Investigations are necessary

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Investigations are necessary

The author is deputy social team editor of the JoongAng Ilbo.



Lately, the Seoul Eastern District Prosecutors’ Office has been “hot.” The spotlight that shone on Seocho-dong, southern Seoul, for two years has shifted to Munjeong-dong, also southern Seoul, because of allegations over the so-called environmental ministry blacklist.

The case originated from former Blue House inspector Kim Tae-woo’s exposure, because he is being sued by the Blue House and other agencies for 10 different cases. He exposed documents detailing the terms and resignations of 24 executives at eight agencies under the Ministry of Environment. The ministry said they were not reported to the minister and vice minister. The Blue House also denied the allegation, saying that there is no DNA for civilian surveillance in the Moon Jae-in administration.

However, the Eastern Prosecutors’ Office — which raided the Environmental Ministry and former Minster Kim Eun-kyung, and summoned Vice Minister Park Chun-kyoo and Minister Kim — concluded differently. A document about executives in the subsidiaries was found in a folder titled “To be reported to the minister” on a computer in the Ministry’s Inspection Department. Kim was banned from leaving the country, and a statement was obtained that a selection was canceled when a figure wanted by the Blue House did not make it.

The case is noteworthy for two reasons. During the Park Geun-hye administration, many high-level officials were found guilty and received prison terms for blacklisting anti-government cultural figures. On Feb. 20, the Blue House spokesman, Kim Eui-kyeom, said the use of “blacklist” should be discontinued since the appointment policy of the current administration is clearly different from the previous one. Yet prosecutors found a list was made and resignations were encouraged. I don’t understand which part is clearly different. It is a serious moral hazard if the new administration followed the major crimes of the previous administration.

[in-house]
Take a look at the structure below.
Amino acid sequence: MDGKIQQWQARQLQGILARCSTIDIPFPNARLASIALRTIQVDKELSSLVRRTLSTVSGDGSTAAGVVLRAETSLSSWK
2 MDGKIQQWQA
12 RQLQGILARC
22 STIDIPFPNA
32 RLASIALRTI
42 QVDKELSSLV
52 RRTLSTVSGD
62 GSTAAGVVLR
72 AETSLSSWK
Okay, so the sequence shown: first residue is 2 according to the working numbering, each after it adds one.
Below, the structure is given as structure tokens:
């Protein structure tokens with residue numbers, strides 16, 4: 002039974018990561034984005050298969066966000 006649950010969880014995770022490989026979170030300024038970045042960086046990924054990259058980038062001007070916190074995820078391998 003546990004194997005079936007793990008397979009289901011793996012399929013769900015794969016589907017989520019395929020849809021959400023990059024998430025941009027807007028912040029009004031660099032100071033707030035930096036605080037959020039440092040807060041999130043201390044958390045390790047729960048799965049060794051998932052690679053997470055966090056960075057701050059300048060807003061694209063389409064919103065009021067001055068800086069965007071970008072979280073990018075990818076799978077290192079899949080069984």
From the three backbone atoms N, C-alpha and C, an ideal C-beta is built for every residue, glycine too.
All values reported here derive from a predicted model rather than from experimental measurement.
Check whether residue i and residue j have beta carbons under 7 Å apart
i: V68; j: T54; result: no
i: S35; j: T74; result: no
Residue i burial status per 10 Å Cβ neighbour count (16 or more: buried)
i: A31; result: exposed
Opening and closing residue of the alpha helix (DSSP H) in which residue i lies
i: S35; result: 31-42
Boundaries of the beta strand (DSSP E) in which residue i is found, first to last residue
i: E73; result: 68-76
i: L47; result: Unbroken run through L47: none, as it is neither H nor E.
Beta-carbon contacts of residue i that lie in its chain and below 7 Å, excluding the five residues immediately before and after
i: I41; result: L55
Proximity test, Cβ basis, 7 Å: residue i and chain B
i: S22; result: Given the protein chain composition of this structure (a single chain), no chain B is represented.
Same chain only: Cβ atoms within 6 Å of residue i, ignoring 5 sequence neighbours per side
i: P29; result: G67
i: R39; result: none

Secondly, the case surfaced less than two years into the Moon administration. The prosecutors, especially the central prosecutors’ office, focused on investigating deep-rooted social ills. A former president and a former chief of the judiciary are in custody. Yet the investigation was on powers of the past. As such, it wouldn’t have been so hard to collect evidence and gain cooperation for investigation. With President Moon’s approval rating nearing 50 percent, investigating the Blue House’s alleged involvement seems different from investigating that of a previous president.

For these reasons, the alleged Ministry of Environment blacklist investigation of the Eastern District Prosecutors’ Office is important.

JoongAng Ilbo, Feb. 21, Page 30
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